• Point-Supported Facades: This type can be divided into two subsystems:
    • Point-fixed;
    • Independent panes (VEA, vitrages extérieurs attachés, or suspended curtain walls). The system consists of transparent panes supported by mechanical anchoring devices that fix them near the corners. These devices, typically made of metal pins, transfer the weight of the glass to a distant underlying structure away from the transparent surface. The supporting structure can be made of metal alloys or other materials (there are systems that use mullions made of glass plates positioned perpendicular to the facade). The category of point-supported facades also includes suspended facades, where the panes are anchored near the corners (similar to the previous system) and interconnected without a rigid supporting structure. In this system, the own weight of each glass element is transferred to the one immediately above it until reaching the upper structural elements (the building’s supporting structure). The transparent surface becomes self-supporting, while horizontal forces (dynamic wind forces) are controlled by internal bracing systems (typically) placed inside the facade and consisting of a set of “tensioned” cables.
Continuous facade

Continuous facade

The Evolution of Continuous Facade

During the 19th century, a widespread adoption of metal and glass structures was observed, including structures such as railway stations and greenhouses. This trend was facilitated by a series of factors, including the abolition of the glass tax, the importation of tropical plants that required suitable cultivation spaces, the advancement of construction science allowing precise material behavior analysis and sizing, and industrial developments.

One of the iconic examples of this trend is the ‘Palm House’ at the Royal Botanic Garden in Kew, London, built between 1845 and 1848 by Richard Turner and Decimus Burton, and the Crystal Palace, a massive Victorian-style glass construction erected in London in 1851 to host the first World Expo.

However, the real turning point in the evolution of the continuous facade came with the contribution of the Chicago School in the late 19th century. Architects such as William Le Baron Jenney, Louis Sullivan, and the Holabird & Roche studio played crucial roles. The ‘Tacoma Building’ of 1884 was the first building where the continuous facade was applied to the structural framework of the building itself, introducing the concept of the ‘spandrel,’ an opaque panel that covers the view of structural elements, typically positioned at the floor level and harmonized with transparent panels to maintain facade continuity.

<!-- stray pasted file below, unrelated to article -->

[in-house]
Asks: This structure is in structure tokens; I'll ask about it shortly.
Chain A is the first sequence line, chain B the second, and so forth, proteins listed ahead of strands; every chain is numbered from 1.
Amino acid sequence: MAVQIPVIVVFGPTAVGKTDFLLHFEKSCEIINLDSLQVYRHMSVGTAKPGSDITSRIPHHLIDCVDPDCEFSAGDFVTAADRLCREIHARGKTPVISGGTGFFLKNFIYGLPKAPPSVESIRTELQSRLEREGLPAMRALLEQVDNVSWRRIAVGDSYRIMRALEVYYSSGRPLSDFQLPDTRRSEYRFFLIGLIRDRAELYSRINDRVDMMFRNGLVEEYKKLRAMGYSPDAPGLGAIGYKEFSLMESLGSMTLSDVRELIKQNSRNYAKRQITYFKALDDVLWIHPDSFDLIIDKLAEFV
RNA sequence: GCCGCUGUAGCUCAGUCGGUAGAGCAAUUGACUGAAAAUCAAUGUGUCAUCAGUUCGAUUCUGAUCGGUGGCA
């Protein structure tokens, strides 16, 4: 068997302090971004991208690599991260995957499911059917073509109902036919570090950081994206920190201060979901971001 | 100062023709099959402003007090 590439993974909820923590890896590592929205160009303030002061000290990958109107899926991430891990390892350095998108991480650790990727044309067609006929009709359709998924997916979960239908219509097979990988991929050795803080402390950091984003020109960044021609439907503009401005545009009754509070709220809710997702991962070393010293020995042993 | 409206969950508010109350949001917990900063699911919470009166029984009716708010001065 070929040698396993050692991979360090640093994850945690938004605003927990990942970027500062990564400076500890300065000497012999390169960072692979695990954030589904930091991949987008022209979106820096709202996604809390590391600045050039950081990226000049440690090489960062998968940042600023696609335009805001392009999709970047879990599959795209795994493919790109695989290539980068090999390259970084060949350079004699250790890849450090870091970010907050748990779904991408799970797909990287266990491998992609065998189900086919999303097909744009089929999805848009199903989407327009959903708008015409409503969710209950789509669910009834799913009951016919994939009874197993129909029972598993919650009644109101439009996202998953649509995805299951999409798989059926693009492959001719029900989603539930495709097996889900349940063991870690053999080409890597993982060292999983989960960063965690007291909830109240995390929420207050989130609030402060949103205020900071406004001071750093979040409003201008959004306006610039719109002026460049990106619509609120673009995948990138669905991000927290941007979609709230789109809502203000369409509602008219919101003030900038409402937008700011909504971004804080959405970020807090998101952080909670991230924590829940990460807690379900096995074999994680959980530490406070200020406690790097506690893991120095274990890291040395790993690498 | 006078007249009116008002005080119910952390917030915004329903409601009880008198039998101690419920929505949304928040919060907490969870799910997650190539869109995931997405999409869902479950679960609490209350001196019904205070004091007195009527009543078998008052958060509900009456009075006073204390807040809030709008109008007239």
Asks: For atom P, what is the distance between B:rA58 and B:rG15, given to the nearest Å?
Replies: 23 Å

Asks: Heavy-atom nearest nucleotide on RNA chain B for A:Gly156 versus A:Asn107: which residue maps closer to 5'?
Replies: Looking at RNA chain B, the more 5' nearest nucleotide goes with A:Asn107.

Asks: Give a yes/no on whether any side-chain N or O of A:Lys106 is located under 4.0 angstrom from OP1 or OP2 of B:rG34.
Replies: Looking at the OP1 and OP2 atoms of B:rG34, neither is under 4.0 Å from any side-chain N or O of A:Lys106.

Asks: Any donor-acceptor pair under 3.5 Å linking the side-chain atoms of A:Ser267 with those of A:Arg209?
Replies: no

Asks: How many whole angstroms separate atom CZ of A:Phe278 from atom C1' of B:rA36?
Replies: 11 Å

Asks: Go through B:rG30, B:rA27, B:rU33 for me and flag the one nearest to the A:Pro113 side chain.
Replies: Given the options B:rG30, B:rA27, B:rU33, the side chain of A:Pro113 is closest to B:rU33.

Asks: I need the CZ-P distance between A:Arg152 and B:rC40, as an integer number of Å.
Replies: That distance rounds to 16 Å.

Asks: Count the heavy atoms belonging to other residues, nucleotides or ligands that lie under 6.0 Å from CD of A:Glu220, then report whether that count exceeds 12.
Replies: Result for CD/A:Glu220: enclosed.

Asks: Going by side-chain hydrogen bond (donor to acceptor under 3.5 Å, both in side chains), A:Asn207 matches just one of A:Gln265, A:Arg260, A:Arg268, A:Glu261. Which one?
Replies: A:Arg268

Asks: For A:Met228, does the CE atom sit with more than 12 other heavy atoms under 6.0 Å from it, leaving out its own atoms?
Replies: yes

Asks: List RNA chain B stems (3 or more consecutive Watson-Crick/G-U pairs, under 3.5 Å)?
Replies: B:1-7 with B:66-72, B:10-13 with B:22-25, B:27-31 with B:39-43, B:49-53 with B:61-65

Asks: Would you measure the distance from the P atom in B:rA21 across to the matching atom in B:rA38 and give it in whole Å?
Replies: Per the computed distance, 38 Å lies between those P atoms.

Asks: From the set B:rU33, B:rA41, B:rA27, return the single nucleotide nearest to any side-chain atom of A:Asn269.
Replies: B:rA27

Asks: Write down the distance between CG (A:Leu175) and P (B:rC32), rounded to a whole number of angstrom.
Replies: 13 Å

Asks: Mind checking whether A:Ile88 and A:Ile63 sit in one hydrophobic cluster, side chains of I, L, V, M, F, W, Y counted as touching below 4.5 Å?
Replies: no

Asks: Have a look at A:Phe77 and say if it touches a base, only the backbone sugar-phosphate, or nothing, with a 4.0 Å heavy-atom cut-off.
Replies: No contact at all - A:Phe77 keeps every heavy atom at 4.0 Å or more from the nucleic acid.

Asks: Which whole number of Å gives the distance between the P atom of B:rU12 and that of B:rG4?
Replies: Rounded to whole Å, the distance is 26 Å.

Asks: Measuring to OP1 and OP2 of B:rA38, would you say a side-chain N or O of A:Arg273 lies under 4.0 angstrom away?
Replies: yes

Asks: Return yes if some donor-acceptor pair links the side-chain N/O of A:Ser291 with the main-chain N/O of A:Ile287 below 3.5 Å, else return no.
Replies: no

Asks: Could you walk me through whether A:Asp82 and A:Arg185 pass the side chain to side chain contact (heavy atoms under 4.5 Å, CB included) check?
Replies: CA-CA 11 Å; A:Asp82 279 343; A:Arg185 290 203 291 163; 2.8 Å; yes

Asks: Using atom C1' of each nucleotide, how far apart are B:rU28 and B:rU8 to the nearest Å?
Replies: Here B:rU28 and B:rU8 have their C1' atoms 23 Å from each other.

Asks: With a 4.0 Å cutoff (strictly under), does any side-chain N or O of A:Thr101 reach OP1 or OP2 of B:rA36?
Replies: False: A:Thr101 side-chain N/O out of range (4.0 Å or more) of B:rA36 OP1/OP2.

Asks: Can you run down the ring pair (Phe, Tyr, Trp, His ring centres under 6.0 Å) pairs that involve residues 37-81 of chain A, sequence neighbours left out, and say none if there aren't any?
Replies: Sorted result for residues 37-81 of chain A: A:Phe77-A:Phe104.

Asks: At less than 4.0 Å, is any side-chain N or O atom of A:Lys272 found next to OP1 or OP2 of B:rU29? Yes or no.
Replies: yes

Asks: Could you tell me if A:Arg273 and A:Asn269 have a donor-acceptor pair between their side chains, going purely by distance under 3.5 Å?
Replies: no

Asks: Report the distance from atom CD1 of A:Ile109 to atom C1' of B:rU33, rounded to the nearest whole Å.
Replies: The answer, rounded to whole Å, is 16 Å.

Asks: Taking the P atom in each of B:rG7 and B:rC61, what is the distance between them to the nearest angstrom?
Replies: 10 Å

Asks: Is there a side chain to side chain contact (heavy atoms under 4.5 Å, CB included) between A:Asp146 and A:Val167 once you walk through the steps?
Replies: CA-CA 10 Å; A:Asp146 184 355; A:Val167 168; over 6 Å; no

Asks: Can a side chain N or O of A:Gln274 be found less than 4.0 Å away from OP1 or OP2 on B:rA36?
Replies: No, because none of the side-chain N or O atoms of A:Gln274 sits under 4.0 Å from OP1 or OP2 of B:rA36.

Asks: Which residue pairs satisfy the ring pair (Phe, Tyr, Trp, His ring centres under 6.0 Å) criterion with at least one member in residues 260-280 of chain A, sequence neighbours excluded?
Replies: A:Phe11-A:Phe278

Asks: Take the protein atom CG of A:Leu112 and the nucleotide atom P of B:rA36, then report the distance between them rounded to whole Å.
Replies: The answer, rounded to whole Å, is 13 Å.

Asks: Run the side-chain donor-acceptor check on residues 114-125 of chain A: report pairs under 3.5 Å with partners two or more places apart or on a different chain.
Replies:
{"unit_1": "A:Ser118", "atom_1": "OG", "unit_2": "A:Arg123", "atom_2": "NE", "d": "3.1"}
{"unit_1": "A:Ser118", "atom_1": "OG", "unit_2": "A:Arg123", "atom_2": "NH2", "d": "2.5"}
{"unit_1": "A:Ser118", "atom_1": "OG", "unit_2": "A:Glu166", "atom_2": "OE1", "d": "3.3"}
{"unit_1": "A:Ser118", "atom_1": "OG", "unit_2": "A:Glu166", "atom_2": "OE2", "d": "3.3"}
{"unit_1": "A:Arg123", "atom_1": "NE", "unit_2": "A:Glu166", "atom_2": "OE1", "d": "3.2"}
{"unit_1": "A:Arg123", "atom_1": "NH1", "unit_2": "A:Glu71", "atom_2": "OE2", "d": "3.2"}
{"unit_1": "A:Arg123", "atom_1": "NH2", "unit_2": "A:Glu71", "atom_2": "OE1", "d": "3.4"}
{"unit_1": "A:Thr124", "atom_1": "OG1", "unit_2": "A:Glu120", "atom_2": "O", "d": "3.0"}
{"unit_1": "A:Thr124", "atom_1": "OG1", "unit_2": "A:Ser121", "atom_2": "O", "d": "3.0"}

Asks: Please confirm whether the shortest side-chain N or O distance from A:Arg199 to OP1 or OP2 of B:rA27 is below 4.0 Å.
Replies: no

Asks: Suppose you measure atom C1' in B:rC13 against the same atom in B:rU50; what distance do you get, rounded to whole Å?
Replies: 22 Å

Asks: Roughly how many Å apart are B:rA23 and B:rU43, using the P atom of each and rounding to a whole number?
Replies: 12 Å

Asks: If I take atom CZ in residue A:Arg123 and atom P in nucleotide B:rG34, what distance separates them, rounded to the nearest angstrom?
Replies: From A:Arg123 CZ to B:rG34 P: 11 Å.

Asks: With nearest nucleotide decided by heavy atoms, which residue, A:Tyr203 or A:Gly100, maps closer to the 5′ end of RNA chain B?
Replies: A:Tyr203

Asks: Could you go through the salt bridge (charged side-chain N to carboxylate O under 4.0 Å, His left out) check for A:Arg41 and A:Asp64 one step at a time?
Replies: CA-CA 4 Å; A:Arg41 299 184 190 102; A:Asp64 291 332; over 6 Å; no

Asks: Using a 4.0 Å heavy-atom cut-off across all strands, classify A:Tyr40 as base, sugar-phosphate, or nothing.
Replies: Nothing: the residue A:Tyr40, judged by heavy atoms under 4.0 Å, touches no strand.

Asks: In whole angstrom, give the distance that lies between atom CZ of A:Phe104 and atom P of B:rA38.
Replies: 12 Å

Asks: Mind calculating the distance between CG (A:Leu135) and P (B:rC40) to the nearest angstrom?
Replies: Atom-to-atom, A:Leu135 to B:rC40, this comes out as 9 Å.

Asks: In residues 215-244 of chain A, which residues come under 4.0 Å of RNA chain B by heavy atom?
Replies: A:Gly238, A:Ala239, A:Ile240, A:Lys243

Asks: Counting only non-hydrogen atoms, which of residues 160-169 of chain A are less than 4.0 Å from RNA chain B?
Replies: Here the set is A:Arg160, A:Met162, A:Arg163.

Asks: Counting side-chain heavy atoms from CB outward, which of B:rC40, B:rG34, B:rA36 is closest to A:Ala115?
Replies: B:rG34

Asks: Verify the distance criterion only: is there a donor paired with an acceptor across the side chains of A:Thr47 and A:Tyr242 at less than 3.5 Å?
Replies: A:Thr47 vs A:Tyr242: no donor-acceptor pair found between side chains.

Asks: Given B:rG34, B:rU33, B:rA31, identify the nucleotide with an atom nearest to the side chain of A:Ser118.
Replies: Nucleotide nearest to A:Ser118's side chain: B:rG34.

Le Corbusier continued to develop and refine the concept of the continuous facade in his works, using it as an architectural element to create modern, functional, and aesthetically advanced spaces. His idea was to create ‘rationalist’ architecture that addressed the needs of modern life and efficiency, with a clear separation between the building’s structural framework and the facade, made possible by the adoption of reinforced concrete structures.

In the 1940s and 1950s, due to high material demand, manufacturers of metal components and fixtures began experimenting with new systems, such as bronze and aluminum. The 1960s and 1970s witnessed the development of structural silicone as a connection system between cladding components and the frame, enabling the creation of fully glazed facades with no visible profiles. A notable example of this evolution is the ‘860-880 Lake Shore Drive Apartments’ in Chicago, designed by Ludwig Mies van de Rohe between 1948 and 1951.

Starting in the 1990s, the continuous facade took on a role beyond mere enclosure, becoming a kind of ‘filter’ between the interior and exterior environment. Advanced solutions were developed, including double facades, those suitable for heat recovery, and photovoltaic facades. Furthermore, facades became a significant medium for visual communication, used in the so-called ‘media buildings.’

Continuous facade example

Continuous facade example

In conclusion, the continuous facade has undergone a significant evolutionary path over the decades, transitioning from a functional architectural element to an innovative and sustainable design expression that plays a key role in creating modern and cutting-edge buildings.

Construction of a Continuous Facade

The construction of a continuous facade requires carefully planned design and engineering. Here are the key construction details:

  • Materials:
    • Glass: Glass is the most common material for a continuous facade. Tempered or laminated glass is often used for safety and durability.
    • Metal structures: Often made of extruded aluminum for its lightweight and strength. Steel may also be used for specific applications.
    • Structural adhesives: Structural silicone or other adhesives are used to connect the glass to the frame, transmitting loads to the structure.
  • Design:
    • Co-planarity: Design must ensure that all glass surfaces are co-planar, creating a uniform exterior surface.